- Uganda’s ministry of health has reported it has managed to put under control a deadly meningitis outbreak that has killed more than 40 people since the outbreak began in December, a health official said.
Director General of Health Services Dr Sam Zaramba said the country has managed to contain the spread of the outbreak, stating that since 28 January there were no new cases reported in the health centres.
He said there was increased awareness about the disease in the affected areas, which saw many people receive treatment and vaccination well on time.
The disease which was first reported in reported in Hoima and Arua districts, also spread to Masindi, Adjumani and Moyo. By February this year, 3,336 people had been affected, while 42 had died.
Director for clinical services Nathan Kenya Mugisha, said the schools in the affected districts have also been allowed to open for the new academic year because there are no new cases of meningitis.
Dr Mugisha said the ministry and the World Health Organisation had vaccinated people aged between two and 30 years in the affected districts. “This age group is more vulnerable to meningitis and our assessment teams continue doing their work. We have also advised people to avoid congestion especially in the affected districts,” Mr Mugisha said.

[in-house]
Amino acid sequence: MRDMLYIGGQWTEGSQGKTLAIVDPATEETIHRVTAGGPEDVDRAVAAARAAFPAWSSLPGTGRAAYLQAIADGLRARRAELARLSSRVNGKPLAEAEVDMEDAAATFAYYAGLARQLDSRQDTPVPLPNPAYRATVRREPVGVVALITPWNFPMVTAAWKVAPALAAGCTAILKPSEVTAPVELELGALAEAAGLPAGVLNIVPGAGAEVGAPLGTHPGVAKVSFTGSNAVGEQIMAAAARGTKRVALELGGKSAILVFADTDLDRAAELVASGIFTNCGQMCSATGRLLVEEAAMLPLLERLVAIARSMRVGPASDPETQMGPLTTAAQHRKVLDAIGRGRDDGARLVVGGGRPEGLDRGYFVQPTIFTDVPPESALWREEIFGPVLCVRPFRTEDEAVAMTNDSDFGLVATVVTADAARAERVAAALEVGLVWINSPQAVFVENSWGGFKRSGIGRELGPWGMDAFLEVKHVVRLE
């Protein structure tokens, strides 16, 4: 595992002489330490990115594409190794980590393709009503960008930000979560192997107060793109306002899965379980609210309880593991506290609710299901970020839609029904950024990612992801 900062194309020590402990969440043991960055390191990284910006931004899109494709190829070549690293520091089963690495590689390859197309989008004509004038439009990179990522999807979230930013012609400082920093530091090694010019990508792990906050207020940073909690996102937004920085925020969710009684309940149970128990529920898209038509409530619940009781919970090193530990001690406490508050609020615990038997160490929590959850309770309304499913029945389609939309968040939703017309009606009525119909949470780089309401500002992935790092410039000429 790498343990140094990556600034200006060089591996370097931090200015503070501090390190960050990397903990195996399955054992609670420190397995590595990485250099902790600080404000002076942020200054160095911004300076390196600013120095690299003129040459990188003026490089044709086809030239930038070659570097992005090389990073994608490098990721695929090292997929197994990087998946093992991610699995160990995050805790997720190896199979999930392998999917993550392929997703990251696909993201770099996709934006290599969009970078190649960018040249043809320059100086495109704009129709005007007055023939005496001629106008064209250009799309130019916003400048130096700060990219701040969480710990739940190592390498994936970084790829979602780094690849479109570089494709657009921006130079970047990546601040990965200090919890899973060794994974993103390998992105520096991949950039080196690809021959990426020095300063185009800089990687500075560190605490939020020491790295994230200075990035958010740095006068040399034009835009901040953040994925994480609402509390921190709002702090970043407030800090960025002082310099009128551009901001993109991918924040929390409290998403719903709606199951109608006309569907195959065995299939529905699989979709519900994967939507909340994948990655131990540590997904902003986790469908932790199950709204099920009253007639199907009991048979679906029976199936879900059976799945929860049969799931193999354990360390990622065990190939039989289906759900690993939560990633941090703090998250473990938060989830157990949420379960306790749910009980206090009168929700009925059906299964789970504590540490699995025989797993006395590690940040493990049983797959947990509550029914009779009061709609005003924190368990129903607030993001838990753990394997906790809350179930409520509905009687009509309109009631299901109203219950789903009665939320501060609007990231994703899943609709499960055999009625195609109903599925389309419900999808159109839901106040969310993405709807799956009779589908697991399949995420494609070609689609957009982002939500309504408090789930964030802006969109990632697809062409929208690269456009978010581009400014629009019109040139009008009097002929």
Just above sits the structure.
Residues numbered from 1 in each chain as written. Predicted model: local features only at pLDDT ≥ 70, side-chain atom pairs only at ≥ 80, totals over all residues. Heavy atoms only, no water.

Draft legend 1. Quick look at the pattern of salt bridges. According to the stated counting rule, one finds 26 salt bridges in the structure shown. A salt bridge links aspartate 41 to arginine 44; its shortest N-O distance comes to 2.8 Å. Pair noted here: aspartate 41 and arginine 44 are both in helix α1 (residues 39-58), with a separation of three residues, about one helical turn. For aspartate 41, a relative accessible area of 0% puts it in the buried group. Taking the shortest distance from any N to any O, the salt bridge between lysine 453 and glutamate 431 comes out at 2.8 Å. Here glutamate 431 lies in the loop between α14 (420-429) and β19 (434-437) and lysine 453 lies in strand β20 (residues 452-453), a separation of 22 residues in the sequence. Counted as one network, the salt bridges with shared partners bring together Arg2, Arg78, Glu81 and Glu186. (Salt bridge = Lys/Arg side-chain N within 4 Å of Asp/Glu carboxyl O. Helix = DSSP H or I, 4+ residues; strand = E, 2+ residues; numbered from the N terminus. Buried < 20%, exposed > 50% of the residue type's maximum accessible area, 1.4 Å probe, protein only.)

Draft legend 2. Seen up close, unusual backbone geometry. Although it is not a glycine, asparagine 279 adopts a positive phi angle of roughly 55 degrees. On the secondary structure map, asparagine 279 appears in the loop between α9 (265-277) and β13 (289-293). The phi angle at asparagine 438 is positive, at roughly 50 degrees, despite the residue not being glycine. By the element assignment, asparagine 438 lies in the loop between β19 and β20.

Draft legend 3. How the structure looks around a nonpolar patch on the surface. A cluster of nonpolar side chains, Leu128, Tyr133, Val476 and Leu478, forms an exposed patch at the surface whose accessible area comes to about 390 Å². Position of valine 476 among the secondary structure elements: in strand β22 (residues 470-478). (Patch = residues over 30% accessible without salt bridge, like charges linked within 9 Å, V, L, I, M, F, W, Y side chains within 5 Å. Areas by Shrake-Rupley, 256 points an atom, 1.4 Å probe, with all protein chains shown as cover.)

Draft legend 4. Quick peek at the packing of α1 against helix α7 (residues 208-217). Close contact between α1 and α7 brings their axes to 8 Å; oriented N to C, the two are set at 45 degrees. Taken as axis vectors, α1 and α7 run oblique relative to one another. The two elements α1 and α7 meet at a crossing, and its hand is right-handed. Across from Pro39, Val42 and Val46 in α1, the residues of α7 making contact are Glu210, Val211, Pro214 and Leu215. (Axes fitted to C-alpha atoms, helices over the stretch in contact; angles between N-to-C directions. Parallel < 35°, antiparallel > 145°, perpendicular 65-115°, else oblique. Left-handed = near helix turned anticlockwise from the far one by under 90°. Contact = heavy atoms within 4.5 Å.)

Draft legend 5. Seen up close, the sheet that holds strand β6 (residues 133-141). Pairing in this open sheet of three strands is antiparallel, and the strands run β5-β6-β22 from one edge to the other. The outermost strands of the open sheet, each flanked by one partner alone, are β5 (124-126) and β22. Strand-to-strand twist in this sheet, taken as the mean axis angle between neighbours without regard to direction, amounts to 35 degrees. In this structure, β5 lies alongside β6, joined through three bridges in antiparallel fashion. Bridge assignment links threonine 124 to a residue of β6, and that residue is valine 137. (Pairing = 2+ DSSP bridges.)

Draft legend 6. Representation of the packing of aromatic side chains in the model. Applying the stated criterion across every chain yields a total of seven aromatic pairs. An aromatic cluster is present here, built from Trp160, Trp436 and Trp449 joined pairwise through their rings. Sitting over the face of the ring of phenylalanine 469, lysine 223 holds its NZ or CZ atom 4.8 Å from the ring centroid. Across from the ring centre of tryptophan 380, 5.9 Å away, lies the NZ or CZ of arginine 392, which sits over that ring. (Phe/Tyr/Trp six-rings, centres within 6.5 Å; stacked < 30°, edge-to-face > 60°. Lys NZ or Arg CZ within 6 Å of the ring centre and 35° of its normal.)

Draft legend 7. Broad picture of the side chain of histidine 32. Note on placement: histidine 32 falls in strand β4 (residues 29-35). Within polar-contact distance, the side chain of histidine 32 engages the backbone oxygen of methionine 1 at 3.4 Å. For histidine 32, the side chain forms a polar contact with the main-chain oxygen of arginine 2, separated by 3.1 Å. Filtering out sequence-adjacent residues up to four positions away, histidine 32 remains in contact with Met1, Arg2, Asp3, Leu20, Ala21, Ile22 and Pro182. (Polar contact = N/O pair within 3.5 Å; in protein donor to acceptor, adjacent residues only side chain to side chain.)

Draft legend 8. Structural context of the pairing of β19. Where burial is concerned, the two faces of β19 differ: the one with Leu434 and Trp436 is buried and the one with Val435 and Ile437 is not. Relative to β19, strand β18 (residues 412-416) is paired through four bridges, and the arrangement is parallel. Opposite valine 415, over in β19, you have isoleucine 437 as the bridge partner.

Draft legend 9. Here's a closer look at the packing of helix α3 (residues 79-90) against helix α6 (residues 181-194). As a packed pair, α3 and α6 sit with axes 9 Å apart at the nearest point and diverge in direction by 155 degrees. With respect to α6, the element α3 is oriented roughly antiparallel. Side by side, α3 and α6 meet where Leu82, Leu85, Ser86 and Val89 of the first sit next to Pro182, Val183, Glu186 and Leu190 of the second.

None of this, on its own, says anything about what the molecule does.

Late January, the Ugandan government banned all public gatherings in the affected areas to limit the spread of the disease, which hit the country in December last year.
The World Health Organization said one sub-county in Hoima had crossed the meningitis epidemic threshold. There was also concern about Karamoja region where dry weather had set in.
In Hoima, the number of people infected with meningitis has also steadily increased, and according to local reports 14 people had died and 44 others were infected with the deadly disease.
Uganda lies within the African meningitis belt, stretching from Senegal in the west to Ethiopia in the east, according to WHO. The region, home to about 350 million people, experiences meningitis cycles whenever the dry season sets in. Up to 30,000 people suffer from the disease each year in Uganda.
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